10 Weird But Best-Selling Items in America
Check out these 10 weird products, all of which are already best sellers.
Iran’s having a hell of a time mining uranium without raising the ire of other countries, but the American government doesn’t seem to mind individual consumers buying uranium, so as long as it’s “for educational use and experiments only.” That’s right, don’t plan on conducting any nuclear experiments this year or next!
Uranium ore by Images SI, Inc. is said to have low radioactivity and is therefore license exempt. U.S. consumers have purchased 18.6 million pounds to date.
It turns out superstitions are profitable, even if they are not actually authentic.
The tradition is to break a wishbone. However, Ken Ahroni was not one to underestimate the absurdity of this Thanksgiving tradition and began manufacturing plastic wishbones for families who wanted more than just one per turkey.
Turns out, hoping for things that won’t come true is a whole family thing and not just reserved for mom and dad. Over one million units have been sold, and the item has even prompted a lawsuit — and as we all know, that’s when you know you’ve really made it.
Over 45 million Ped-Eggs have been sold since 2007, and they are little more than egg-shaped foot files. They treat foot calluses and dry skin with over 135 precision micro-files.
The surprise hit of 2013 is a card game advertised to be as “despicable and awkward as you and all your friends.”
In Cards Against Humanity, a player chooses a black card, reads the question, and then everyone answers with their funniest white card. This simple concept was so successful the company announced that the product has sold out as of January 2014.
If you’ve ever had a dog then you know how much they like to stick their head out the window of a moving car. However, did you know that your canine’s favorite pastime can dry out your dog’s eyes?
It’s a good thing that there’s Doggles – goggles made for dogs. Doggles were created by Roni Di Lullo for her sunlight sensitive pooch. Ever since then, people have been gong barking mad for them. Even the US military bought 120 pairs for a presumably war-related expense.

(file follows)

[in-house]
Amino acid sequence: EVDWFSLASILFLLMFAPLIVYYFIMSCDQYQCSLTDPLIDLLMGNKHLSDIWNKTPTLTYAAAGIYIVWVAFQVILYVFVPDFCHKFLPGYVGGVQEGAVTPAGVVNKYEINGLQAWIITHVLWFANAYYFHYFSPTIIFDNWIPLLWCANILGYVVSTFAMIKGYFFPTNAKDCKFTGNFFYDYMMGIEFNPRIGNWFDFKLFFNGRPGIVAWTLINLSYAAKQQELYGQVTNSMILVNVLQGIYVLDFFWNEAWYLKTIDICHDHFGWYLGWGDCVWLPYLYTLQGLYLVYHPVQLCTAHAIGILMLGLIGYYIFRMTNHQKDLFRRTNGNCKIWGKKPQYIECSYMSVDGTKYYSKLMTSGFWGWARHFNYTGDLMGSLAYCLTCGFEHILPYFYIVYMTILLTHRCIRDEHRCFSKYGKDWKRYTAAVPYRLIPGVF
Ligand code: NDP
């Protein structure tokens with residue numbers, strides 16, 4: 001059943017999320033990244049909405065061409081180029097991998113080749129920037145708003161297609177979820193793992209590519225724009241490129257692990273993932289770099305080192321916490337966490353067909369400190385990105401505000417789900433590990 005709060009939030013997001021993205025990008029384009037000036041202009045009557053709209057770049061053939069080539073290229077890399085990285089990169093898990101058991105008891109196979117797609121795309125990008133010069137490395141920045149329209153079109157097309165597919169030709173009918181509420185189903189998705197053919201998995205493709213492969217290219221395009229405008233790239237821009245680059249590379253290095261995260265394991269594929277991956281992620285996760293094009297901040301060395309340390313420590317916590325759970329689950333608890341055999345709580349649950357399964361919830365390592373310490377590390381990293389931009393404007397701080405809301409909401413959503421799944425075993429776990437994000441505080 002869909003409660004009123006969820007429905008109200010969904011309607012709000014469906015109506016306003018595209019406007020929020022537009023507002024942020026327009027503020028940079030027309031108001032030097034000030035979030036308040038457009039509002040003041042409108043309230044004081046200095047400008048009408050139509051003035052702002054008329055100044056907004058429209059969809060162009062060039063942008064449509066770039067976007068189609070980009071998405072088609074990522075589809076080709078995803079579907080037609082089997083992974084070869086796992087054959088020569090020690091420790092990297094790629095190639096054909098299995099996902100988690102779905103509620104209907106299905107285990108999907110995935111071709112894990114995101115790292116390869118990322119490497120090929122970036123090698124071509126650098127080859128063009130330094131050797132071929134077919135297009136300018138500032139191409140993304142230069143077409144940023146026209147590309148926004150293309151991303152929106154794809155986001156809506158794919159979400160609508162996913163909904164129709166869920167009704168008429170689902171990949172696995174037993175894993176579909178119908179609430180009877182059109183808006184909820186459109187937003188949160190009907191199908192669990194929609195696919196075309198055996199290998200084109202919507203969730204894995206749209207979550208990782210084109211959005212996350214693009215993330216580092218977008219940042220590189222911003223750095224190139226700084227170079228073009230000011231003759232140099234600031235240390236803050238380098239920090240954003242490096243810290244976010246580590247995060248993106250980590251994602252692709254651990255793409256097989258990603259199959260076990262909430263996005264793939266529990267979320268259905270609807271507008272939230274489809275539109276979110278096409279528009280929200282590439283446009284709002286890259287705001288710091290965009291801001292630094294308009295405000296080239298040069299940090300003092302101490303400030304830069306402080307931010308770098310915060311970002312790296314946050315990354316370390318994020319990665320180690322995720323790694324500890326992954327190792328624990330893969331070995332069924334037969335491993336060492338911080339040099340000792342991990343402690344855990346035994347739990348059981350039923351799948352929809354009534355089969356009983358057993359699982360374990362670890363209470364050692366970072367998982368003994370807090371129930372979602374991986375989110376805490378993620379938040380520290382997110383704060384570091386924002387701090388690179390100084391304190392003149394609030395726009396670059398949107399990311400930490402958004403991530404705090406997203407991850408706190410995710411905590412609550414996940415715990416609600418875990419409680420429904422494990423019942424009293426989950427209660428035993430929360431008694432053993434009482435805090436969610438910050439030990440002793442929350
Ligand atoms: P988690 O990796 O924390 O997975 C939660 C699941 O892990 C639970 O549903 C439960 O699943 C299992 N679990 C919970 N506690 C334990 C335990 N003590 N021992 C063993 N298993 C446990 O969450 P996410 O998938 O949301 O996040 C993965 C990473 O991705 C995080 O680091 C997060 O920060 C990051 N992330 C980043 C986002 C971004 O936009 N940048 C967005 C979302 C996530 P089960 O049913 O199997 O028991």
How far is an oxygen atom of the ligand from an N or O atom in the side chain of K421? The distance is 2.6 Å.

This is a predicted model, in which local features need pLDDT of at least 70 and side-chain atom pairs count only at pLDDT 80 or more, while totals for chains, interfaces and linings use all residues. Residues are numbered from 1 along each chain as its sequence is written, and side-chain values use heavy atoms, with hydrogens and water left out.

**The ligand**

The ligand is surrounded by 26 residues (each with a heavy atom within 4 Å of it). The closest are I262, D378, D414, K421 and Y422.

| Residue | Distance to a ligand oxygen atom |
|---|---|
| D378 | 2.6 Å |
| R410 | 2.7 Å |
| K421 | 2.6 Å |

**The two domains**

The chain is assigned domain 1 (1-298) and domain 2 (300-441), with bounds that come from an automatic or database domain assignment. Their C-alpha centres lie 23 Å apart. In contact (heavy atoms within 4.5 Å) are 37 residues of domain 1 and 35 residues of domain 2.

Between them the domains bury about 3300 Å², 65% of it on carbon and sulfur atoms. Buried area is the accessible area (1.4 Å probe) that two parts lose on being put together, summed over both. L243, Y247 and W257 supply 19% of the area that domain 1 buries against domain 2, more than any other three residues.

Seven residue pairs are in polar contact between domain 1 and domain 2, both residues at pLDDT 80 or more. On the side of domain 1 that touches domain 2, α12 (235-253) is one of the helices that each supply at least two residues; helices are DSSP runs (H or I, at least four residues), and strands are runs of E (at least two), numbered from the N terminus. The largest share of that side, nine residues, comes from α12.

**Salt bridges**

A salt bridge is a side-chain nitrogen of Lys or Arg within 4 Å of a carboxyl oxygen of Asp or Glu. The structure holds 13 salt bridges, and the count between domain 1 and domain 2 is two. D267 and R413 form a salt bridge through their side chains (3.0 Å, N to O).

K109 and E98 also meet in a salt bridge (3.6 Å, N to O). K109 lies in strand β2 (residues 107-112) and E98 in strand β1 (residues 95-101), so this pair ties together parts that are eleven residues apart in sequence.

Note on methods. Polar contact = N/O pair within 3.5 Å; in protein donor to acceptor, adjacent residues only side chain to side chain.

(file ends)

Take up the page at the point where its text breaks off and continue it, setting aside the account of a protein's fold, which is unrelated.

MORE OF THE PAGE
This app lets your phone make fart noises. The iFart has 26 basic fart sounds and even has a “record your own” option.
At $.99 a pop it was downloaded 113,885 times in its first 2 weeks. It may be impossible to know how much the ifart app has been downloaded since, but based on the amount of people who find fart jokes funny it’s gotta be in the millions.
With well over 5,000,000 sold, Chia pets are practically outperforming Chia seeds (which actually do more for you then just grow).
From Bart Simpson to Chia cats to even a Willie Robertson (Duck Dynasty) beard, there are numerous chia pets out there – perhaps in more shapes and molds then you’ll ever know. If you’re tired of making green afros on celebrities (and who would get tired of that), you can still eat the seeds, which double as a popular health food snack. You can by your Chia pet for only $19.95, commercial jingle not included. (Ch-ch-ch-chia!)
Long before Japan’s artificial life forms like the Tamagotchi virtual pet hit the market, there was another meaningless pet — though this one is different from other weird gadgets because of its incomparable uselessness.
The Pet Rock was the brainchild of ad wizard Gary Dahl. Dahl was tired of traditional house pets and decided to create a product based almost solely on marketing, with no innovation.
Maybe it was fitting that the height of the Pet Rock’s popularity was 1975, a year of counterculture absurdity. The 70s were perfect for the launch of the decorative mock pet, which — believe it or not — did no tricks whatsoever. During that time, The Pet Rock sold 1.5 million units.
To own a Snuggie – a wearable blue blanket with sleeves – is one thing, but a Snuggie fashion statement was unexpected.
With 20 million Snuggies sold, people started wearing them out in public – to sporting events, aboard airplanes, and even inside pubs. That people wearing Snuggies look like a bizarre cross between a member of the Illuminati and the Cookie Monster doesn’t seem to be a problem.
Sold mainly through television and the Internet, Sticky Buddy has sold 500,000 units since its inception in mid-2012.
Sticky Buddy is a normal product but what sets it apart are the rubber protrusions, also called fingers, that have the ability to remove hair out of fabric. As such, sticky buddy is used for couches, carpets, comforters, and car seats to pick out dog hair, cat hair, mouse hair, and dare we say, your spouse’s hair.